With VR viewing innovations like the Oculus Rift, and Microsoft’s HoloLens or Sony’s Playstation VR headset looming, everyone wants a bag of that virtual reality cash. Now camera maker Lytro is taking advantage of the VR technology buzz with their new camera. The company recently announced their latest imaging technology called Lytro Immerge, and according to Lytro it’s the world’s first professional ‘light field solution’ for cinematic VR. What does that mean exactly? And what potential does it hold for design and engineering?

In a nutshell, Immerge is a end-to-end solution that includes a camera, a server, an editor, and a player. It provides all the tools to capture live action virtual reality scenes. By using light field data, users can create virtual views of a location from any point in space, facing any direction, in any field of view.

This means viewers can very realistically move around inside the 3D space while they’re watching the video, which Lytro describes as “six degrees of freedom” (6DoF). The system also comes with the servers to store and process all of that data you’re capturing and the light field software to edit and create the VR, and a Player to view the user created content on the increasingly available VR headset options.

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Since a VR camera is made to shoot from all directions, it’s inevitable that those running the show will be in the shot. Lytro took this into consideration, allowing the Immerge to be operated remotely via a tablet or phone, so operators can make their adjustments without stepping into the shot. Instead of grabbing frames and stitching an environment together, Immerge essentially rebuilds a version of the scene. With the light field data and depth information it captures, it’s possible to merge computer generated info with the captured info and view it all from different vantage points. While it sounds complex, the camera control software is developed to eliminate the learning curve with an interface modeled after the control schemes for professional-level cameras.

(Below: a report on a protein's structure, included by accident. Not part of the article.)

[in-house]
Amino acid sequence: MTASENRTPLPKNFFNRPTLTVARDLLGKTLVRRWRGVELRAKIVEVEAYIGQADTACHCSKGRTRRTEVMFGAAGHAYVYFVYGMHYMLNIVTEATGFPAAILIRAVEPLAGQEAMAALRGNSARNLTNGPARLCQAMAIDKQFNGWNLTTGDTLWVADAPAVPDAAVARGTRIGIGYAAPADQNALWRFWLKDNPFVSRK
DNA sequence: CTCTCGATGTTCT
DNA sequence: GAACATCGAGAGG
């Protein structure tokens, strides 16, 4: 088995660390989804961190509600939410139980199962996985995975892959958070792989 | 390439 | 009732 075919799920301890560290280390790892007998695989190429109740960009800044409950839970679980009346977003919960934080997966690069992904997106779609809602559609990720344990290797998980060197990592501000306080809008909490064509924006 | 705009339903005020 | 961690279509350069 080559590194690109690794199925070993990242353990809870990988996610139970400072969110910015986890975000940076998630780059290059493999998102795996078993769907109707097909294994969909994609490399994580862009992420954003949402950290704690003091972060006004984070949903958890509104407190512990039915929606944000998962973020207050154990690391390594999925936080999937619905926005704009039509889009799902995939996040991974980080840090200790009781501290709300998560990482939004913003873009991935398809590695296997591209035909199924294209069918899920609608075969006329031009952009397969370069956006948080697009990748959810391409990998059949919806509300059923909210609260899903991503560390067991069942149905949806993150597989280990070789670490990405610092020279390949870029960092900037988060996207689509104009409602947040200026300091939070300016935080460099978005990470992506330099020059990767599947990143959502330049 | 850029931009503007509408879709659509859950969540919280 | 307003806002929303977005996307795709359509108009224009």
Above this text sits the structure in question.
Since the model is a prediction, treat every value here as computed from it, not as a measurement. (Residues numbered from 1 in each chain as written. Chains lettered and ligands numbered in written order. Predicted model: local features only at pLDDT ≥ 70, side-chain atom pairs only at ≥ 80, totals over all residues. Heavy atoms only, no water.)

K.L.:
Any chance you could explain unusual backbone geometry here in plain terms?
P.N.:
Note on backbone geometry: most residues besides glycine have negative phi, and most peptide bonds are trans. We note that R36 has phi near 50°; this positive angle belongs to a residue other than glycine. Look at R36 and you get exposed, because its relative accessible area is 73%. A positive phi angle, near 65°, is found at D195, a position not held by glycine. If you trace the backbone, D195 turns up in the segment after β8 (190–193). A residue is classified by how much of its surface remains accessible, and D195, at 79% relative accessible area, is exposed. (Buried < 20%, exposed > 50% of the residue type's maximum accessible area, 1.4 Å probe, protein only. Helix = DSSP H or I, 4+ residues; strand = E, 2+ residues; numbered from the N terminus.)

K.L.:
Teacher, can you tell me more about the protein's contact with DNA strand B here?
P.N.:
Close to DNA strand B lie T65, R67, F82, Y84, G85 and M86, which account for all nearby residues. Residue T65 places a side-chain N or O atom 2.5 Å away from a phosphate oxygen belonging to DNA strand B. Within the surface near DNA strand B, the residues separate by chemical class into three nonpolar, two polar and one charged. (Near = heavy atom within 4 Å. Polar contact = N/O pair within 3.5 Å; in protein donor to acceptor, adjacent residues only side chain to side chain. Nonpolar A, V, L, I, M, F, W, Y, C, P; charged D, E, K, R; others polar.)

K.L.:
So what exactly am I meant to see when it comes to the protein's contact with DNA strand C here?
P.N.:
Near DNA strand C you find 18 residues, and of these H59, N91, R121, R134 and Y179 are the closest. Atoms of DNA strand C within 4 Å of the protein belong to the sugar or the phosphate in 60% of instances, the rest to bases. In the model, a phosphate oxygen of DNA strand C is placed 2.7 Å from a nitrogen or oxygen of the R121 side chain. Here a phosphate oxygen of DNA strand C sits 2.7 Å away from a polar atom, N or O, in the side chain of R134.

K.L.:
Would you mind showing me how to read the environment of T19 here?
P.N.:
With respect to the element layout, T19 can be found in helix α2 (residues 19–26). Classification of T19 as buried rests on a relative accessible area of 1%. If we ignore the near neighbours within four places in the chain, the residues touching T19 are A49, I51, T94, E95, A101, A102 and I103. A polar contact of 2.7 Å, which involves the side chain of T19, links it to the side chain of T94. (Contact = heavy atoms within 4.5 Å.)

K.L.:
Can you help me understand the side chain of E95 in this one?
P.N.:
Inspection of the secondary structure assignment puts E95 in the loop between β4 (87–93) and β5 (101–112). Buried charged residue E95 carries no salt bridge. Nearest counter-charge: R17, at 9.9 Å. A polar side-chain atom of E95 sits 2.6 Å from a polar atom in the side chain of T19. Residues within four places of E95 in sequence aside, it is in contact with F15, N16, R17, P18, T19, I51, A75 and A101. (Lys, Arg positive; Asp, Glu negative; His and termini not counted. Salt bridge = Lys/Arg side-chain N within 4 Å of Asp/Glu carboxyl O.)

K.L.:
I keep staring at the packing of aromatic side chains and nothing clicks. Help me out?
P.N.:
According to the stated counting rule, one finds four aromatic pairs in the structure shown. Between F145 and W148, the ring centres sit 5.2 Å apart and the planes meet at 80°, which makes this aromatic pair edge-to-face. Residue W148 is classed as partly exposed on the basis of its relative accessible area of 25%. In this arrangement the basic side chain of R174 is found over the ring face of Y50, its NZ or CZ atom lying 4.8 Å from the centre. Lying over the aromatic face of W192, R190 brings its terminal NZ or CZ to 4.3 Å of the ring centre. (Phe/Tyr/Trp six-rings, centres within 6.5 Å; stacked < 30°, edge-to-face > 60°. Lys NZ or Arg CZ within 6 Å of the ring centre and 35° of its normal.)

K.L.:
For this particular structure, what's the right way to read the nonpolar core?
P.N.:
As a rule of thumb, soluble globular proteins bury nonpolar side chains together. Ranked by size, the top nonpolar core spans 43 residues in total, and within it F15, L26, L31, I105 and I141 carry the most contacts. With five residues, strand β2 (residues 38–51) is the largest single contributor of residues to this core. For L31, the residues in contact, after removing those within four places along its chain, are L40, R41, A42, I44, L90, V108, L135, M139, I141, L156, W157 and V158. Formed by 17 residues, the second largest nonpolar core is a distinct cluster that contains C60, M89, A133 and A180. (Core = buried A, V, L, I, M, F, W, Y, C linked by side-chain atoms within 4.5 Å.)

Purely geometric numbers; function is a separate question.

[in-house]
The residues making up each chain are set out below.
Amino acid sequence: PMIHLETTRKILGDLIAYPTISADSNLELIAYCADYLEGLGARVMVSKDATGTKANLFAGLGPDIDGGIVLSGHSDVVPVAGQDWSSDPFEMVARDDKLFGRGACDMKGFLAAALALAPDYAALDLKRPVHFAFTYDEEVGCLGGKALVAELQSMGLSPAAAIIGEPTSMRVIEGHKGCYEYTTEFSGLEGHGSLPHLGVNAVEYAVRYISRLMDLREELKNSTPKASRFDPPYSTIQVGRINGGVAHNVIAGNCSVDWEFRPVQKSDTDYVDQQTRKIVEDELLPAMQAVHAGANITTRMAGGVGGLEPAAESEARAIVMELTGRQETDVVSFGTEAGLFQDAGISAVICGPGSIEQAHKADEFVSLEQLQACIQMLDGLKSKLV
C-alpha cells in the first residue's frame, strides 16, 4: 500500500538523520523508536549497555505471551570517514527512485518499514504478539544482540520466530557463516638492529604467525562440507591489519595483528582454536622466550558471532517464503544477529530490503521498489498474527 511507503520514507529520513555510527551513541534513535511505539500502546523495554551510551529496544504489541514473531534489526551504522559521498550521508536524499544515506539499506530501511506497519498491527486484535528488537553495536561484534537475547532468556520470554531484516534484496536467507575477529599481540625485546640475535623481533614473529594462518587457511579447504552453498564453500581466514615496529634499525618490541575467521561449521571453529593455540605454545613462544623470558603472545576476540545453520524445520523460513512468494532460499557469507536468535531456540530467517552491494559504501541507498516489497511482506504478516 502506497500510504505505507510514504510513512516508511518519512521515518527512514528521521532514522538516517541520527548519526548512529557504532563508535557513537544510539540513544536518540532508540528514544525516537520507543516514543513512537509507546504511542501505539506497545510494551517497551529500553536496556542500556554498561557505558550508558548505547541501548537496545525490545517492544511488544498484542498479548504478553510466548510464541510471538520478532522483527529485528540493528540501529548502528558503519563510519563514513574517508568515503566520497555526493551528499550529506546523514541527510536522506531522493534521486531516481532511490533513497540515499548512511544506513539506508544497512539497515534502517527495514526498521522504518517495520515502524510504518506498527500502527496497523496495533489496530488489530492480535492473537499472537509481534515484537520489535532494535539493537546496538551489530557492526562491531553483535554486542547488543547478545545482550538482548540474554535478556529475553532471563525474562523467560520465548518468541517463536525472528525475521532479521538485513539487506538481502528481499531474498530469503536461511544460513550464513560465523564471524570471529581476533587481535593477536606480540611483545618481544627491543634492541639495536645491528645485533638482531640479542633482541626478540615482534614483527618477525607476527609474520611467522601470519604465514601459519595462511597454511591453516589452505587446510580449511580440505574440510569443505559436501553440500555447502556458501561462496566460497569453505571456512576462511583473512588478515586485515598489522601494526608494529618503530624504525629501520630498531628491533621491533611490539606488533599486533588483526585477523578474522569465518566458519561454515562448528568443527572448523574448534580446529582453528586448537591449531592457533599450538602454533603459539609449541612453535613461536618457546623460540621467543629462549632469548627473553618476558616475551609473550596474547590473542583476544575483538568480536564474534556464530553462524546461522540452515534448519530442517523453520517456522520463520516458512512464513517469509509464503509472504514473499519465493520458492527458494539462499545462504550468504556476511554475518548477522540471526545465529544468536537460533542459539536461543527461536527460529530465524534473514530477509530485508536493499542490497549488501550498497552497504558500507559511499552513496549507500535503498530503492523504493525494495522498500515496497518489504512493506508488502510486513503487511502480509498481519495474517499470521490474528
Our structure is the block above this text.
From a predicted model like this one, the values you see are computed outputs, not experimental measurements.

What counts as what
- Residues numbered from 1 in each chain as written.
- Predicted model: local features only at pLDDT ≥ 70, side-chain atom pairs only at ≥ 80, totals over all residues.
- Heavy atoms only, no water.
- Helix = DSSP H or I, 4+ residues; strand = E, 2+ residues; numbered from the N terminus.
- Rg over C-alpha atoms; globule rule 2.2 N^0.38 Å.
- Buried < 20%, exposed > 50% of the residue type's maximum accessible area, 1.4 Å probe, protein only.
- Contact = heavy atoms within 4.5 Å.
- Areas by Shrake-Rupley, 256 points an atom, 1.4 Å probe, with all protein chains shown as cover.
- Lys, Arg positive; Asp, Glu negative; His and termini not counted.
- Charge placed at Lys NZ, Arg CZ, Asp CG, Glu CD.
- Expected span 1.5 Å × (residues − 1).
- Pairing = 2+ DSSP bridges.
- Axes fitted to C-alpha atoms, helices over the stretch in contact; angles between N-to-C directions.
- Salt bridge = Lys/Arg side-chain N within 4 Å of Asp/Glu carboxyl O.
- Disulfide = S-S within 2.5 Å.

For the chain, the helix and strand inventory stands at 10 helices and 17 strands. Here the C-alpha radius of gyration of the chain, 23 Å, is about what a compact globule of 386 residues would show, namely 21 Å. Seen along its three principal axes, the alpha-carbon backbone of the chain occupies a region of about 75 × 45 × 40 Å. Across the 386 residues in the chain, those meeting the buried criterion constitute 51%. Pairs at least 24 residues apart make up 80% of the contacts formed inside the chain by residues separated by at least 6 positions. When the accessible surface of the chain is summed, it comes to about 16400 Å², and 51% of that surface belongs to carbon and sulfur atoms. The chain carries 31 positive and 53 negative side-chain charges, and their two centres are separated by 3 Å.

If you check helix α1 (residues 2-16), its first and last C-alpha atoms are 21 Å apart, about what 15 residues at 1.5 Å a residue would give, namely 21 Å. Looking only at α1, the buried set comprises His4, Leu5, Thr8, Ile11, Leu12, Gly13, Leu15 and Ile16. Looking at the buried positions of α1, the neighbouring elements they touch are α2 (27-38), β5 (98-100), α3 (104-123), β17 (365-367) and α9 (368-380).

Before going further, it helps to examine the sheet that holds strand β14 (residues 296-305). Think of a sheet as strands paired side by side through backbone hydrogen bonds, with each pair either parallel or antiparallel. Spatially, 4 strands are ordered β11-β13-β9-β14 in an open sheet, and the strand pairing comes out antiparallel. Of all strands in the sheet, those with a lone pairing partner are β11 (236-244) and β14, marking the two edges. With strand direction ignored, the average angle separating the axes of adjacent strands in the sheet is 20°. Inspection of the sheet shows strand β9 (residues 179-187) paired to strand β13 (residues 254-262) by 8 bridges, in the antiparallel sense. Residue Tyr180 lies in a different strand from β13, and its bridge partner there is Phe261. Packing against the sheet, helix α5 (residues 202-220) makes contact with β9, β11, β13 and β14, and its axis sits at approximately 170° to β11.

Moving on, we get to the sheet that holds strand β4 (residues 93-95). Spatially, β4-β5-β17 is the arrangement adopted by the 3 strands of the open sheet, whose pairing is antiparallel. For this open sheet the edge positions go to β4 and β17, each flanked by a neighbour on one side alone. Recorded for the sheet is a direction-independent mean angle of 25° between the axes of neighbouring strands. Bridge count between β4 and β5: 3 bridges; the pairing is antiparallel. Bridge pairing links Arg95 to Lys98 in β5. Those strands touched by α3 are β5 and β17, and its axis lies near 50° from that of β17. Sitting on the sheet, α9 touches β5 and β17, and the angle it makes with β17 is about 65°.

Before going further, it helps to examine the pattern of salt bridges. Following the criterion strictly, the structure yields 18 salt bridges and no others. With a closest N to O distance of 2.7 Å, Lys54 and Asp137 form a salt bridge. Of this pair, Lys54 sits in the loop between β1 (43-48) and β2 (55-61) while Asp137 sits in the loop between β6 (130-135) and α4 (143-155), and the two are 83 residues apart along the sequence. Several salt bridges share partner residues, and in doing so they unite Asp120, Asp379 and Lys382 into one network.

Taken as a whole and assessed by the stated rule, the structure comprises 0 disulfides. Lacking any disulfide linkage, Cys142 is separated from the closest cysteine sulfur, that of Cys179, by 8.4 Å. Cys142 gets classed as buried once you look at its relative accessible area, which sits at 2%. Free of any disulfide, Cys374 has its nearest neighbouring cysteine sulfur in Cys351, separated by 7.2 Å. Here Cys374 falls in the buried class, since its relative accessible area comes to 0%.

Before you get too excited, Lytro doesn’t intend Immerge to be for the average consumer. They created the camera for professional video production, made to work with professional tools like software like Nuke, Final Cut Pro, Adobe Premiere, and Avid Media Composer.

The intent is the same with pricing. The company doesn’t have an exact number, but believes it will cost several hundred thousands of dollars when it comes out in the first half of 2016. We’re sure that won’t stop people from buying it and posting their amateur VR scenes on future Youtube for family and friends to hop into, like and share. That said, if you’re a developer or interested in testing the applications for the Lytro Immerge, you can request prototype access here.

If this does pick up interest (and the price drops), there are certainly applications in the design and engineering field as well. We’ve seen where scanning technology has been used to capture product detail, with environment capture still on the fringes of early adoption. The technology hasn’t been the easiest to use, so Lytro’s solution, plus the fact that it’s capturing the entire scene in which other objects–3D CAD data for test fit/function, 3D envelopes for conceptualizing or even real-time modeling/sculpting to see how light and environmental factors react.

Where do you think this could go? Are there other development in the area of light field capture technology you’ve heard about?

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